Yet, all across the world, these shops are closing down, swallowed whole by superstores where you can buy a screw with your groceries, do some yoga on site and get a flat white for the way home. We fix less and less, preferring to buy a new sink than mend a tap, and our furniture comes ready-made or constructed from characterless flatpacks. What happens to the legacy of those hardware stores when the last one finally disappears? What do we lose when craft no longer infuses our material lives?
Despite toying briefly with keeping Ken’s shop running in Chicago, particularly as faithful customers kept stopping by to pick up mousetraps or hosepipes, Gates began to think of other ways he could honour Ken and the objects he had lived among for 40 years.
“Sadly I just didn’t have the capacity to keep the store going,” says Gates. “But I started to think about what the truth of this hardware store going away means, not only for Chicago but for small, family-owned businesses that are being squeezed out around the world. Could the hardware store be a stand-in for the failure of local economy globally?”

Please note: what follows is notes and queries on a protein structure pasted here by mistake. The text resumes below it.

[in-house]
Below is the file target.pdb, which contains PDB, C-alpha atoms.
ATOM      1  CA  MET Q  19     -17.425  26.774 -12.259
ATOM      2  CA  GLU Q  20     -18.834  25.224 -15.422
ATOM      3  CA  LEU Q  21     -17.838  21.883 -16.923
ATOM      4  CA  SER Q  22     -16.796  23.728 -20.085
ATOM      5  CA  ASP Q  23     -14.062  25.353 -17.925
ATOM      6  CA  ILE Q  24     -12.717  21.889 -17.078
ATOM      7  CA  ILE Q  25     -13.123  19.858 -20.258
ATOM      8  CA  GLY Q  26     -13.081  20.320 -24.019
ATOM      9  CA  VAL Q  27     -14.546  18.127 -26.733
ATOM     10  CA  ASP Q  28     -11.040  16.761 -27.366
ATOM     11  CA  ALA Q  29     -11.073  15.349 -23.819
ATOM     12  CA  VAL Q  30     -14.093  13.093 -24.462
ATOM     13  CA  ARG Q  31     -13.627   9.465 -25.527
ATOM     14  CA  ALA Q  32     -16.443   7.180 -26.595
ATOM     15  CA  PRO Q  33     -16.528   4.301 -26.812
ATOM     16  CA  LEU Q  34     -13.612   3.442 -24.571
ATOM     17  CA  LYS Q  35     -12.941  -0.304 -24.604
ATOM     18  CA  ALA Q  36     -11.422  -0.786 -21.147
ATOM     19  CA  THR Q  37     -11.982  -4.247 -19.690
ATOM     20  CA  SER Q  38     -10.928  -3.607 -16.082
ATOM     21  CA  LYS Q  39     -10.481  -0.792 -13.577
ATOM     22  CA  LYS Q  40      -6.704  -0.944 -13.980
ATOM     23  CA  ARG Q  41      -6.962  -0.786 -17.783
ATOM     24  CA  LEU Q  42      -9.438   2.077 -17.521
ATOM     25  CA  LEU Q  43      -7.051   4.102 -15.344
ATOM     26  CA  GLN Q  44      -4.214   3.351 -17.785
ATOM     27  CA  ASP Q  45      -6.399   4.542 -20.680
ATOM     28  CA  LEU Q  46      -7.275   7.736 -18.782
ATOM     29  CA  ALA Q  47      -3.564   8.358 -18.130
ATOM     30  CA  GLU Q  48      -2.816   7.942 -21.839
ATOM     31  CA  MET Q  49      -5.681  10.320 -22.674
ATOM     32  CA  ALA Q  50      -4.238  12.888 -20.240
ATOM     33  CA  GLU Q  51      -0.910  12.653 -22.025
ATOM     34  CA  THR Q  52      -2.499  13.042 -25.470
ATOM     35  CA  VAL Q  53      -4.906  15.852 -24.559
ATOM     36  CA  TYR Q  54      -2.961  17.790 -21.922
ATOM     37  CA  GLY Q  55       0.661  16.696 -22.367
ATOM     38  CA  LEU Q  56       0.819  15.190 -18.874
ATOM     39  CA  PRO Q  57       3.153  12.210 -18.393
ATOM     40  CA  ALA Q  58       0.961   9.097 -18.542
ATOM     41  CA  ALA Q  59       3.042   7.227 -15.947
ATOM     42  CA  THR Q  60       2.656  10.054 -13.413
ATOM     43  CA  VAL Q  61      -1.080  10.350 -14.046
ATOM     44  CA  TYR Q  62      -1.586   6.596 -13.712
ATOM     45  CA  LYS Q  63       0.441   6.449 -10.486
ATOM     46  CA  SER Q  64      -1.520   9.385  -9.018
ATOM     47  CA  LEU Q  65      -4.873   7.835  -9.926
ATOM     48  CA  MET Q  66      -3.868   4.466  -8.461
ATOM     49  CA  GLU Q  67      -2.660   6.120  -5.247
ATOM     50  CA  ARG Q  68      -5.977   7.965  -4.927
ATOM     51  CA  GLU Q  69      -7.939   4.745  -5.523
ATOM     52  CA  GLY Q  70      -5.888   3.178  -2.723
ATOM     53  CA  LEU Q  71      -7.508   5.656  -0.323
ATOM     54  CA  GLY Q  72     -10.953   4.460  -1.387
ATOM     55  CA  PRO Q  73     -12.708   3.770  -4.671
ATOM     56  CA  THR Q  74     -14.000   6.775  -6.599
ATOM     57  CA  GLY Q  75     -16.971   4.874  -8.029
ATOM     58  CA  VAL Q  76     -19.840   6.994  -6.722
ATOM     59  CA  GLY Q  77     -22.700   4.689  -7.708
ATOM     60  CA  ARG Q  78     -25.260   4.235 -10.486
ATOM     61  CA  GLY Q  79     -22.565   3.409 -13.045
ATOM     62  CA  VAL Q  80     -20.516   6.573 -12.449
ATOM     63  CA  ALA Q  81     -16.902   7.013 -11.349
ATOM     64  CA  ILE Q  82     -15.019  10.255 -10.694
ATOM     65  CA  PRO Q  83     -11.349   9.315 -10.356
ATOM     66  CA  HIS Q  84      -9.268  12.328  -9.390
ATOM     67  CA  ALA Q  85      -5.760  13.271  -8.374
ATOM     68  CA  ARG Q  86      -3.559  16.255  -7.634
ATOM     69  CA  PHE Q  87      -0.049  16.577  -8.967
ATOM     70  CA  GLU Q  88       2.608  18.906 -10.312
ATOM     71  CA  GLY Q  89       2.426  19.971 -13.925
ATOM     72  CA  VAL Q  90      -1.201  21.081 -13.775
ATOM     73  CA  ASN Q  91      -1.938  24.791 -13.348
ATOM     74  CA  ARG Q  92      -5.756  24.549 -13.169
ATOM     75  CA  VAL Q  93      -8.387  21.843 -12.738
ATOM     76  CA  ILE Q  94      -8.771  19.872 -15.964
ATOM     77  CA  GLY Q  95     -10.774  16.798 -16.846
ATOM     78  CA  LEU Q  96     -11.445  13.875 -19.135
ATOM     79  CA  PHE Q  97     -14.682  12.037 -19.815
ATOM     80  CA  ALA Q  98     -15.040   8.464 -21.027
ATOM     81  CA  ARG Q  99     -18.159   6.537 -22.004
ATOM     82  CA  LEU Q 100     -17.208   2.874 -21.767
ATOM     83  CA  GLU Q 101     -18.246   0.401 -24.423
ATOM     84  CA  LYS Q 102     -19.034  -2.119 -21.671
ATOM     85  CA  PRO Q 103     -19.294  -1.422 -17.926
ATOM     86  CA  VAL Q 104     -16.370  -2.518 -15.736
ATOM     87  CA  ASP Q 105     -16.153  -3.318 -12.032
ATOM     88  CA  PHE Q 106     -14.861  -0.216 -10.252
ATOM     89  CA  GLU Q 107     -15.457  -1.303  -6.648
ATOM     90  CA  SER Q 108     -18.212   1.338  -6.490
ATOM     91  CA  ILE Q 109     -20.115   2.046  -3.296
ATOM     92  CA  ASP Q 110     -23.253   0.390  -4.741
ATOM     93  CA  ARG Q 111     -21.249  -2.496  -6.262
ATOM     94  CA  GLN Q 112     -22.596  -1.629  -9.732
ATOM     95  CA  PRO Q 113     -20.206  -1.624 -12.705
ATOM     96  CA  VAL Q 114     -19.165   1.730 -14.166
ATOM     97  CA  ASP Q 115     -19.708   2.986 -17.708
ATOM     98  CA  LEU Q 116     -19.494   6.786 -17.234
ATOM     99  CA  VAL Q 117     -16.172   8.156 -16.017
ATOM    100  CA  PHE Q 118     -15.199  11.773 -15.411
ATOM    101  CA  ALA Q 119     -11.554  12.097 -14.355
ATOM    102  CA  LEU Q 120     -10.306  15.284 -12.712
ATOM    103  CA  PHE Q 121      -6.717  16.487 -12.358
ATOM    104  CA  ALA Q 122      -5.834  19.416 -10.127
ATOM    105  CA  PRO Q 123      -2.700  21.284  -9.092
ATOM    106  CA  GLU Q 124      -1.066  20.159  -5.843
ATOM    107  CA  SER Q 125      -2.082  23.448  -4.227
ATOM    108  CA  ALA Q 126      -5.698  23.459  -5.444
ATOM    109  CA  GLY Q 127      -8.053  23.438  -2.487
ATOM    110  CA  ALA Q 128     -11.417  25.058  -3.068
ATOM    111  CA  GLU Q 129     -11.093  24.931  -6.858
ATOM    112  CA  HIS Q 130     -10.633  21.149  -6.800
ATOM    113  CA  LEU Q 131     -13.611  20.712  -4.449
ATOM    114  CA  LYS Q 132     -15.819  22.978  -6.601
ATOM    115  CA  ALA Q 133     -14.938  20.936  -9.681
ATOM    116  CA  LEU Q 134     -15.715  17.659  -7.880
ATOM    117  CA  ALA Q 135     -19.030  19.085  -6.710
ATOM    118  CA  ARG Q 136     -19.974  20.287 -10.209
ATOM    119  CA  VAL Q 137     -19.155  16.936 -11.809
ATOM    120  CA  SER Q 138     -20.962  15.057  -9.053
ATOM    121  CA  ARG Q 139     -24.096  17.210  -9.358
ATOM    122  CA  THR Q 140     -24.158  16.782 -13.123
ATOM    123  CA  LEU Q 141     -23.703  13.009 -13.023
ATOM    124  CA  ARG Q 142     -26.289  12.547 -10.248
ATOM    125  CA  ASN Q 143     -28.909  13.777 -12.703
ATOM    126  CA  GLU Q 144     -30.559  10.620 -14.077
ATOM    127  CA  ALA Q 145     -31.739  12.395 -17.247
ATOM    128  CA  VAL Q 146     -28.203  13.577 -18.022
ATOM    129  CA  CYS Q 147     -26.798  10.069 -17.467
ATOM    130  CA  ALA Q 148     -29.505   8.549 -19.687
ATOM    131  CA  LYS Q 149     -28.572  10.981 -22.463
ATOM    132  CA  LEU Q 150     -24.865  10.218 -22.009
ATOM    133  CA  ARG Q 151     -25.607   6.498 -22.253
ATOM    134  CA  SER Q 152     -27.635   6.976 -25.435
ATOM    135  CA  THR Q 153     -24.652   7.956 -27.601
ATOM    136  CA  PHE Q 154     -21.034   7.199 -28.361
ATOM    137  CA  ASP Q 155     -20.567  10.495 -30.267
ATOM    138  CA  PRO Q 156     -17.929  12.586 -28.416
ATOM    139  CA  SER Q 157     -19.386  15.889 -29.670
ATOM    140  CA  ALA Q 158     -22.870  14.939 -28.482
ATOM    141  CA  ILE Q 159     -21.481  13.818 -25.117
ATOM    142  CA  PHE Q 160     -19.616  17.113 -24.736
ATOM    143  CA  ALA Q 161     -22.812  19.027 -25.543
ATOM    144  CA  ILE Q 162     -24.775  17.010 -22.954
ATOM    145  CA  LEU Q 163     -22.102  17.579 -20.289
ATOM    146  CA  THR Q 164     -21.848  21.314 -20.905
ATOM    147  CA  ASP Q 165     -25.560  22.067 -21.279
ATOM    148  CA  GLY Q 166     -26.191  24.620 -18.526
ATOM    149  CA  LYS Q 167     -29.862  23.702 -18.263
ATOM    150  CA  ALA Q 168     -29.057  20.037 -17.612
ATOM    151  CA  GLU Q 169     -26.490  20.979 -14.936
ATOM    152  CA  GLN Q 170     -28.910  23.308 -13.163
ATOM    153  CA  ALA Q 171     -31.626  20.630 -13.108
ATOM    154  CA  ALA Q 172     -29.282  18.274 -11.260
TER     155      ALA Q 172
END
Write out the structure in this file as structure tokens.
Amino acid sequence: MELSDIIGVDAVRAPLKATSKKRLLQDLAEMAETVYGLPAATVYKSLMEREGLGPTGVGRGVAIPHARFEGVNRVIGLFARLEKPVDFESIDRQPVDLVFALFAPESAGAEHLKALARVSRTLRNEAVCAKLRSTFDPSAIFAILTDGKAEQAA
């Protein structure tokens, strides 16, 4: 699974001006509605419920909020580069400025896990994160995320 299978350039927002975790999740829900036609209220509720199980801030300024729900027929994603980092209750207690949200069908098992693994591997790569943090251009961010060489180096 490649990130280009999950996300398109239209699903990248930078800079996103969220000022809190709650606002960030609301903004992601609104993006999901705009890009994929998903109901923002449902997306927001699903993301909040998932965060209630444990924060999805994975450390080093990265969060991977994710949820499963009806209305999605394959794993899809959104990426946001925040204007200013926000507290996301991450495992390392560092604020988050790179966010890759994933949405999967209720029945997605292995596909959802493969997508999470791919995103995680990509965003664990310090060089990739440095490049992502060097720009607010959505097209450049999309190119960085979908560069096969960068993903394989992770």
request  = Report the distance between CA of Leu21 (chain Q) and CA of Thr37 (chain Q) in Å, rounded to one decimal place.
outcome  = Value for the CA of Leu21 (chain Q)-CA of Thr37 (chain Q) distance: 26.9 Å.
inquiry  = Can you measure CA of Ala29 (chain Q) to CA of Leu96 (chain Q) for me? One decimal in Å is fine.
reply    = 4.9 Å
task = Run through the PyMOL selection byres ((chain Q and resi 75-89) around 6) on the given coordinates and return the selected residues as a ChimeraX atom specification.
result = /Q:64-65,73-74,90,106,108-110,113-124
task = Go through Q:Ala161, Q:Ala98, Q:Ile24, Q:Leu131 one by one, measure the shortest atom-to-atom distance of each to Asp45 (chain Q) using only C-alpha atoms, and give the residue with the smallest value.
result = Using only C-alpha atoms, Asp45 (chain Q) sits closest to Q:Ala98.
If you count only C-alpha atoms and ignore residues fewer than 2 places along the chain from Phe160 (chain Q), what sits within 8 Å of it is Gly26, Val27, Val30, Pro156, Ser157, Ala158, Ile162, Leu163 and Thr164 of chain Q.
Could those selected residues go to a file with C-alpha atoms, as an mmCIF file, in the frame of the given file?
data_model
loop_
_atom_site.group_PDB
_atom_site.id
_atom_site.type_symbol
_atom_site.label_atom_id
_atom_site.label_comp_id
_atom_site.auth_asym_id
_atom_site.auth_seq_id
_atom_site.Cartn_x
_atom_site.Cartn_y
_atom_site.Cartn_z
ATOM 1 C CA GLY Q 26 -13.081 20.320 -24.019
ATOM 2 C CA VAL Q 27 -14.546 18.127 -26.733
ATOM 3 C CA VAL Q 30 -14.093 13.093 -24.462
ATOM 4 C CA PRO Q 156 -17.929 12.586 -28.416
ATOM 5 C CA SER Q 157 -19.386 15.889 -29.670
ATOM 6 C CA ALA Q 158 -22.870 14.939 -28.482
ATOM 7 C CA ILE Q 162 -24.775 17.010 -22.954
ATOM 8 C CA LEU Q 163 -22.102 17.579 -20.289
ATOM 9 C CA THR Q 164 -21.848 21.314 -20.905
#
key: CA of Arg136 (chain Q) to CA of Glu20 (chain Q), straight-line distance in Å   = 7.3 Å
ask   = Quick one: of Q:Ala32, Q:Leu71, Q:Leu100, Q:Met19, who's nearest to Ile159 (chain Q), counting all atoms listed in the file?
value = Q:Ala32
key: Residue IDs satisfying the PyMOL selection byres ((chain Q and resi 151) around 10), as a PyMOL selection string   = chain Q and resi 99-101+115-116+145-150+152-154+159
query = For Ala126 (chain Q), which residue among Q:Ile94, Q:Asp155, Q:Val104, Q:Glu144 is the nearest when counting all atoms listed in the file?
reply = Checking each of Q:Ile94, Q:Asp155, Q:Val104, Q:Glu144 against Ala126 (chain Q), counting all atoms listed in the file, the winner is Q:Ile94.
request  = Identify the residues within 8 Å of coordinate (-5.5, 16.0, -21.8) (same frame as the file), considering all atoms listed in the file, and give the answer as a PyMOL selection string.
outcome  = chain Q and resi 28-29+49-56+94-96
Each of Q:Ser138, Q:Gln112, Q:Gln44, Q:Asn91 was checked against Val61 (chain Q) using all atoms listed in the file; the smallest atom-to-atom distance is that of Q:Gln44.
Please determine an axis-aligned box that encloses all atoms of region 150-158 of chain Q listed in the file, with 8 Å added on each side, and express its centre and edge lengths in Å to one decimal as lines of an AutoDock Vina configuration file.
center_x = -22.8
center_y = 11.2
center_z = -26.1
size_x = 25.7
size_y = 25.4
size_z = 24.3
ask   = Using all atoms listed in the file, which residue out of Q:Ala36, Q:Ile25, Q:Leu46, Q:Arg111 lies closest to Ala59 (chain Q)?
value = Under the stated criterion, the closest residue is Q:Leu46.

It was Ken who helped Gates move the shop to his Chicago studio, and the conversations it sparked between the pair were recorded and now play in the store’s latest incarnation in Milan. By moving it wholesale, Gates wants people to take a moment to consider – and appreciate – the knowledge implicit in all 30,000 objects hanging on those hooks. That, even when this shop is ripped from its local neighbourhood, rebuilt 4,526 miles away and redefined as art, we can see both what is lost and what remains. The more modern society devalues the skills of craftsmen, says Gates, the more removed it becomes from the elements that make and hold together our material world, the more that society – or the immaterial world – “is very quickly falling apart”.
True Value also throws light on Gates’s complex attitude to gender. He nods at the suggestion that hardware is the bastion of a certain kind of masculinity, that American can-do ethos, but shrugs off the suggestion that gender is ever a black and white issue. “Hinduism has already told us that at best humans are gender fluid … look, I would never talk directly about gender in the work that I do, but I understand there’s always a grappling with the parts of my life that are extremely gender biased – whether that’s male or female.”
Pointing behind him, where the shop’s objects are carefully colour-co-ordinated, Gates smiles bashfully. “It takes a particular kind of shopkeeper to organise the screws in such a way right? But,” he pauses to pick up a book at his feet and crinkles his face in concentration, “it takes another type of person who knows that if I wanted to screw this book, which is about 1.12in, into 5in plywood, I would need a 2.25in screw.”